- Associated Press - Thursday, April 17, 2014

PROVO, Utah (AP) - A Utah judge on Thursday ordered a teenage girl to stand trial for murder and other charges stemming from a crime spree that left one deputy dead and another injured.

Fourth District Court Judge Darold McDade’s ruling Thursday morning concluded a two-day hearing as prosecutors laid out evidence against Meagan Grunwald, 17, who was the girlfriend of a 27-year-old man who shot the deputies.

Grunwald, who is being charged as an adult, is scheduled to be back in court on May 12 to enter a plea against the 12 charges she faces.

The teenager is the only surviving suspect from the highway chase and shootout with police on Jan. 30.

Jose Angel Garcia-Juaregui fatally shot Utah County sheriff’s Sgt. Cory Wride and wounded another deputy, authorities said. Garcia-Juaregui died from injuries he sustained in the shootout when officers caught up to them.

Prosecutors argued this week that Grunwald was an active participant in the events, including a carjacking.

Defense attorney Dean Zabriskie told reporters Thursday that Grunwald will testify at the trial that Garcia-Juaregui forced her to participate, The Salt Lake Tribune reported (https://bit.ly/1jNZ6QC).

“Her choices were reduced to either comply or give up her own life,” Zabriskie said.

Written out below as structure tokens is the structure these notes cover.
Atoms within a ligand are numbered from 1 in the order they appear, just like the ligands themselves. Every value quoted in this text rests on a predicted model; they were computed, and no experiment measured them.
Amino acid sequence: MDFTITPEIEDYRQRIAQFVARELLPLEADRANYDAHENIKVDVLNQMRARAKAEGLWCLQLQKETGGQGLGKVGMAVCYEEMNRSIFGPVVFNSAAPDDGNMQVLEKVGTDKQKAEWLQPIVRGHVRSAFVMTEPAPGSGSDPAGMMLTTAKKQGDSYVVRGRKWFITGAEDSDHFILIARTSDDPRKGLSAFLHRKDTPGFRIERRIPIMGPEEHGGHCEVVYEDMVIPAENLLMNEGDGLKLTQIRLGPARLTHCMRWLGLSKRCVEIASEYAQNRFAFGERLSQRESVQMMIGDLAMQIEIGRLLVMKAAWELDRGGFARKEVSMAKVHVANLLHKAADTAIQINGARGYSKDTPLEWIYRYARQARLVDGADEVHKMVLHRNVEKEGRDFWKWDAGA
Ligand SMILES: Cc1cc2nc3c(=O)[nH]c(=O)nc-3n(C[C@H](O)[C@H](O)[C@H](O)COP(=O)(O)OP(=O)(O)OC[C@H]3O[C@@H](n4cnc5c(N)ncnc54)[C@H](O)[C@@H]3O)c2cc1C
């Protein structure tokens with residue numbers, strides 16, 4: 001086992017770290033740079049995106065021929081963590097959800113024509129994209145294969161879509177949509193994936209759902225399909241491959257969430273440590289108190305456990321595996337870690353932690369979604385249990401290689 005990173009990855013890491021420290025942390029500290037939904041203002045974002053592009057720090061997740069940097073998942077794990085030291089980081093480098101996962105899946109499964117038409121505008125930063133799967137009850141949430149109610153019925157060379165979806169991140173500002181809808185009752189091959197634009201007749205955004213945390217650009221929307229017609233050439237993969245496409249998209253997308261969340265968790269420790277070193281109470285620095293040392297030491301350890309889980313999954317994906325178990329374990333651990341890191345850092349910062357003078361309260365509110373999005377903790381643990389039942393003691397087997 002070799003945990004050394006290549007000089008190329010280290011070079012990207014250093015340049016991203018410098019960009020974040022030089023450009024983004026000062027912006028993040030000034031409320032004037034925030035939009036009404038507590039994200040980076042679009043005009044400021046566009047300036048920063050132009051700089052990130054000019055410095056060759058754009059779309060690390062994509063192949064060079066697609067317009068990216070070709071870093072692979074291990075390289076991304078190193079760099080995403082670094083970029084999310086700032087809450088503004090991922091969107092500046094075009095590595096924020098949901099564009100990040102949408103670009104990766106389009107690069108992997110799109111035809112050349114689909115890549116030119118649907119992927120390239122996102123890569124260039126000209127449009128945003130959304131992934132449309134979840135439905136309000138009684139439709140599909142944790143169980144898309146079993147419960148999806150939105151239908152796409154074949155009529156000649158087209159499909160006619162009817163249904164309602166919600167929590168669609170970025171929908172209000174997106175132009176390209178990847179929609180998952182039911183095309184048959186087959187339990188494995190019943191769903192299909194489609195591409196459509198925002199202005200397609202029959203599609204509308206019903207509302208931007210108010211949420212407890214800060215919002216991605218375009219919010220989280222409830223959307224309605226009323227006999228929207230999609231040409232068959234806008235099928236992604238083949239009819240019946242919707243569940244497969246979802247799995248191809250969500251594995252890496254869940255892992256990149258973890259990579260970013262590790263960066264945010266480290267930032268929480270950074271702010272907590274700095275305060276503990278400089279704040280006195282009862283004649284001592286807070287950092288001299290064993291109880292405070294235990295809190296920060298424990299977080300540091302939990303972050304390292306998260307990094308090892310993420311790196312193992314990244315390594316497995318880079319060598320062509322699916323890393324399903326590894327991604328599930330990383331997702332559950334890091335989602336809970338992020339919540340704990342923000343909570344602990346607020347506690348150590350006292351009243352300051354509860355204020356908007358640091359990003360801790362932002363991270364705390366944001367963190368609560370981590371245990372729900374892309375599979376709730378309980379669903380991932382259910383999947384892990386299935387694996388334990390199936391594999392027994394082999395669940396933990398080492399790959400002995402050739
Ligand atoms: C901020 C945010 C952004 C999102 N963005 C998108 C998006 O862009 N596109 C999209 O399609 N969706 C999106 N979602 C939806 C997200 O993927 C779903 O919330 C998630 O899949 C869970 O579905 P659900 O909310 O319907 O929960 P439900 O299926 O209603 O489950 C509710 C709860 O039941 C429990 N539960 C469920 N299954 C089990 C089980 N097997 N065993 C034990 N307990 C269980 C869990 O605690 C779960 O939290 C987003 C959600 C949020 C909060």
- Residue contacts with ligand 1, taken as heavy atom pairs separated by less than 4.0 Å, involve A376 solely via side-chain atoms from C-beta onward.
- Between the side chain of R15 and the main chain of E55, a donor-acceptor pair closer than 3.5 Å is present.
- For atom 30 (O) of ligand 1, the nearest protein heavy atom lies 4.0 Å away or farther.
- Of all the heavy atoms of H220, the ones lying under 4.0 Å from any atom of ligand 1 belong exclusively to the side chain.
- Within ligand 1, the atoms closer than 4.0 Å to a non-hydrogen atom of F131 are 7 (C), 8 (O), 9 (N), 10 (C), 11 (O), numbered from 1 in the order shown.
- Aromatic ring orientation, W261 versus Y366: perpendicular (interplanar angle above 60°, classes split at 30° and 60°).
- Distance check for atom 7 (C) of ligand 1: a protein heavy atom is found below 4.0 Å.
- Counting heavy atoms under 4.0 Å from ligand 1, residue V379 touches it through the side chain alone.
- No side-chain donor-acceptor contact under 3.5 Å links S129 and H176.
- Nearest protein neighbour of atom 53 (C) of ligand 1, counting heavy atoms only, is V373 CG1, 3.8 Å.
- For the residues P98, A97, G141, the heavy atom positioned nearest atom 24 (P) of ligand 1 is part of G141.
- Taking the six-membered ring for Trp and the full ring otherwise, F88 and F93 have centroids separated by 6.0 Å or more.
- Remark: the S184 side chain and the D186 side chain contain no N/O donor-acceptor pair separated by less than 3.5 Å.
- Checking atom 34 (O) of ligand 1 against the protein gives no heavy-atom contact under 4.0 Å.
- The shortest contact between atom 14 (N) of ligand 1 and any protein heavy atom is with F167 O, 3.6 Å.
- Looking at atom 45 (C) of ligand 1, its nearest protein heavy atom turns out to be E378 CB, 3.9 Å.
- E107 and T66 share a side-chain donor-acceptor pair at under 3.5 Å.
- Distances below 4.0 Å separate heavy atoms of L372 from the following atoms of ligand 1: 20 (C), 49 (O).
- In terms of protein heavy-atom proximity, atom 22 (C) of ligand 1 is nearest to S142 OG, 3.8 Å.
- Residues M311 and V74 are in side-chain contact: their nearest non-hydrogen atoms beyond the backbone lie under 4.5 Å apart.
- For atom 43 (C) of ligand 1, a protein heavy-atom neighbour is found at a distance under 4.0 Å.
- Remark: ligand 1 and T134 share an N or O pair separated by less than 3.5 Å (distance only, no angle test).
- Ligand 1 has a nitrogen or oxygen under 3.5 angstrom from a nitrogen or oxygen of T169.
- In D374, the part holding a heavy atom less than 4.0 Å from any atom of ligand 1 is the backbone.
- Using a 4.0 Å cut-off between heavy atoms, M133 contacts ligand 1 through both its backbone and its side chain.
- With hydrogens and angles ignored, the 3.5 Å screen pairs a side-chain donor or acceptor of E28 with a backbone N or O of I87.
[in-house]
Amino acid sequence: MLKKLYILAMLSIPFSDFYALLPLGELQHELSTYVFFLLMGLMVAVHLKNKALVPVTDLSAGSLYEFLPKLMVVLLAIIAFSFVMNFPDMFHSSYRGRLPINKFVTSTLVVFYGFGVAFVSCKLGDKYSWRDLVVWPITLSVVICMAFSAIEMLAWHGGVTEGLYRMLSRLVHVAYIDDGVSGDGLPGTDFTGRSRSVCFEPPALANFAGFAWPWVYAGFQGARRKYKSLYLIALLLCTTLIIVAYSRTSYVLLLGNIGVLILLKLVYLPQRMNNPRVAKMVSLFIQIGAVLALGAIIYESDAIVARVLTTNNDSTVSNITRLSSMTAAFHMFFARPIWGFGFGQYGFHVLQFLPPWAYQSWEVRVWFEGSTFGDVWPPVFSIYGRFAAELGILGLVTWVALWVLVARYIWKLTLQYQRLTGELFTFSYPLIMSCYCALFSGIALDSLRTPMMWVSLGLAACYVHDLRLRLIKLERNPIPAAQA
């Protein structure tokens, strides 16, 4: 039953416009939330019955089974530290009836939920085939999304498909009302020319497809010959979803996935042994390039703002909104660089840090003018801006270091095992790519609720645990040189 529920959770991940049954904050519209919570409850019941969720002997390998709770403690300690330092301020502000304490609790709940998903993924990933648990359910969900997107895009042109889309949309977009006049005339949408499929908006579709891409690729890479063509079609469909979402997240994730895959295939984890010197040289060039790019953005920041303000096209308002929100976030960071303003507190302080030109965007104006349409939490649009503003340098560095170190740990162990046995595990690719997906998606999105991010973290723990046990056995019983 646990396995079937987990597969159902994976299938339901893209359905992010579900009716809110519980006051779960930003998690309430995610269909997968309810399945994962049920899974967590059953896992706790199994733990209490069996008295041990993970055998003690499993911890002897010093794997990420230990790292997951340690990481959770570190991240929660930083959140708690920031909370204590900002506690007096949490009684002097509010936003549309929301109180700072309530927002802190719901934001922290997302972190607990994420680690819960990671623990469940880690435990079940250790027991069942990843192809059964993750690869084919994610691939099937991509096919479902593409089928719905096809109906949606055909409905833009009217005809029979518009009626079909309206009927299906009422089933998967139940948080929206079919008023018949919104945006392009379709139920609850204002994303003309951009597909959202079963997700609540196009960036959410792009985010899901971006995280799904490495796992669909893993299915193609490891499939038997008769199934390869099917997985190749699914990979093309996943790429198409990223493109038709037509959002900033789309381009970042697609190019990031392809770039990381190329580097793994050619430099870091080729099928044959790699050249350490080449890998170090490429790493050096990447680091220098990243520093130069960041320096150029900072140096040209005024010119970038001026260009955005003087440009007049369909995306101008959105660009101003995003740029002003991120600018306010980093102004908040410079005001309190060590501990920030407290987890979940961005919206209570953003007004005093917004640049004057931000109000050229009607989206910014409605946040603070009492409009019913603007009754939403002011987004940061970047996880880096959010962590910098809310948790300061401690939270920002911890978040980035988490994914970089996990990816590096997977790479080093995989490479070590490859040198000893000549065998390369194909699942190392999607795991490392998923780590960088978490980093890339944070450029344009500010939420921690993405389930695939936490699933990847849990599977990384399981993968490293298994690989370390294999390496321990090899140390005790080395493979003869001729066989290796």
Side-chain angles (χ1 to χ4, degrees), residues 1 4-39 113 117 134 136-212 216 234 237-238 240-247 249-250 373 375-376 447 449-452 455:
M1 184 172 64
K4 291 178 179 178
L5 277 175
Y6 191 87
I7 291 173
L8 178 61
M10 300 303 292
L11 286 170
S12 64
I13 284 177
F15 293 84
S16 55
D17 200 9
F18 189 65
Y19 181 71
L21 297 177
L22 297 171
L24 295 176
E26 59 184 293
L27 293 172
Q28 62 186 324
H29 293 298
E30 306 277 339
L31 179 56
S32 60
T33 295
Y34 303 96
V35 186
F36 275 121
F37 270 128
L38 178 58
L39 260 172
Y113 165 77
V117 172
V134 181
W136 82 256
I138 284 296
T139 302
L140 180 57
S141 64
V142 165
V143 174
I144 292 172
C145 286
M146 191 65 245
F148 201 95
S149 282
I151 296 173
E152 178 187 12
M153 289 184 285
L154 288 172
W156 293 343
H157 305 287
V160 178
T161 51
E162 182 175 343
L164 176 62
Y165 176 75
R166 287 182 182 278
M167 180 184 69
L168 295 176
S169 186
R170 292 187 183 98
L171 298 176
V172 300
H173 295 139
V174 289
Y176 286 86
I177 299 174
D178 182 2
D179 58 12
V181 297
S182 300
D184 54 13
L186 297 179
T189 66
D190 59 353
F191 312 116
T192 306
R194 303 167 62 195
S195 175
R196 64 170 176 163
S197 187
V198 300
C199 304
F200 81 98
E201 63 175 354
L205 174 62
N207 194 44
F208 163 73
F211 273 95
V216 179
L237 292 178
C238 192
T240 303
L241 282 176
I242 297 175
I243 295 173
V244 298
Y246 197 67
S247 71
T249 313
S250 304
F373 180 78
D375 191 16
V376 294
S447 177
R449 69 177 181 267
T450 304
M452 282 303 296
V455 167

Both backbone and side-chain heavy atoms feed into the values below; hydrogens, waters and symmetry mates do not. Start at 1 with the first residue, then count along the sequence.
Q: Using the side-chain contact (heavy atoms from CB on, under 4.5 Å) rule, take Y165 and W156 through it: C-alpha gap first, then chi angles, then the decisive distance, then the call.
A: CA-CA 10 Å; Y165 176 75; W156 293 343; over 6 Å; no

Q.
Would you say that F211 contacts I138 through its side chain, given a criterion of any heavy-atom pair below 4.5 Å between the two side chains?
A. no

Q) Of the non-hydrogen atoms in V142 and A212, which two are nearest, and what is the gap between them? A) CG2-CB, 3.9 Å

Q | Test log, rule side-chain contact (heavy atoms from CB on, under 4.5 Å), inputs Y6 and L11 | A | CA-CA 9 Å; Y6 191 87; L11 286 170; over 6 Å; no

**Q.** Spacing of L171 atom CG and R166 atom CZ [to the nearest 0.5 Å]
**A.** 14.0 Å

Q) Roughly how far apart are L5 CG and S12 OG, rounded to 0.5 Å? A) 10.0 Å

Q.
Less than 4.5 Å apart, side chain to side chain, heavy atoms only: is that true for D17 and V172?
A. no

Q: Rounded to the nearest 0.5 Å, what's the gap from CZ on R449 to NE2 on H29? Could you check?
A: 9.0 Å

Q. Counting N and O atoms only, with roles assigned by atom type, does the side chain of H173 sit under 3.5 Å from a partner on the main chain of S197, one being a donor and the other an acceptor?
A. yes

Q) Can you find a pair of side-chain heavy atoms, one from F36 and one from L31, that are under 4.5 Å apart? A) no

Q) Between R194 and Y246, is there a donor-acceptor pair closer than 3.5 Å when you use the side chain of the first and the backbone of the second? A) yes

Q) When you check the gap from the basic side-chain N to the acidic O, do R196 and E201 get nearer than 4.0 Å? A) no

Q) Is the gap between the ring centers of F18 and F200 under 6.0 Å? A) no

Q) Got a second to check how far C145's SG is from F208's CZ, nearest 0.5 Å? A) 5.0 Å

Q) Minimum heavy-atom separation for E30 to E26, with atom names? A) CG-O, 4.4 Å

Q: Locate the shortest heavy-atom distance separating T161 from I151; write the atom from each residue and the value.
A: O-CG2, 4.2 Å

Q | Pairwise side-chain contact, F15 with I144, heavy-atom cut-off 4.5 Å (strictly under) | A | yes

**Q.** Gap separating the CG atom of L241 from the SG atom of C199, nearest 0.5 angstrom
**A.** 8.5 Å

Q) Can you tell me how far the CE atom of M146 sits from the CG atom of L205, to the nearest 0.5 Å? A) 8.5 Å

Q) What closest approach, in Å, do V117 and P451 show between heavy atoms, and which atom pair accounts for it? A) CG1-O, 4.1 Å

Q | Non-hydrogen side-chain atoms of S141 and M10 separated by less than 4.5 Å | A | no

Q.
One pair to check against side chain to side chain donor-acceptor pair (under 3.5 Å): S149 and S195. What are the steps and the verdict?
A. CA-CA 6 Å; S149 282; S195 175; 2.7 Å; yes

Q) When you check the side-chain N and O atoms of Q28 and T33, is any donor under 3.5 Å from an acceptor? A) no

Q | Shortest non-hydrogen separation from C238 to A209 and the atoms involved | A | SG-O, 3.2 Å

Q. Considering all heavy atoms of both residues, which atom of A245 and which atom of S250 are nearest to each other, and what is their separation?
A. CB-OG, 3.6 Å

On Thursday, prosecutors said telephone records show Grunwald called her mother during the multicounty chase, but neither the teenager nor her mother called 911.

A day earlier, prosecutor Sam Pead showed dash-cam videos from the patrol cars of about half a dozen different officers, including video from Wride’s car.

The images show the deputy approach a pickup truck pulled over to the side of a snowy Utah highway and speak to the occupants.

Investigators believe Grunwald was driving the truck and Garcia-Juaregui was the passenger. The truck was registered to Grunwald and her mother.

The video showed Wride return to his vehicle, and minutes later, the truck’s lights indicated the breaks were engaged and the driver shifted gears. A rear window of the truck was then slid open and the sound of seven gunshot pops could be heard.

The pickup truck then sped away.

Zabriskie noted the video did not show who may have fired the shots from the pickup truck or what may have happened inside the truck once Wride pulled up.

The charges Grunwald faces stem from Utah laws make aiding and abetting a crime nearly as serious as committing it. Besides murder and attempted murder, the teenager has been charged with obstructing justice, aggravated robbery and use of a controlled substance.

Urine tests revealed she had methamphetamine in her system, court documents show.

The motive for the crime spree remained unclear, but it might have been related to an arrest warrant issued a day earlier for Garcia-Juaregui that alleged violations of his parole conditions. He had served 4 1/2 years for attempted homicide and was paroled from a Utah prison in December 2012.

Grunwald could face 25 years to life in prison if convicted. She is ineligible for the death penalty because she is under 18.

Wride’s brother-in-law Johnny Revill told the Tribune that the family was relieved the case was going to trial.

“We’re confident, as a family,” he said, “that justice will be served.”

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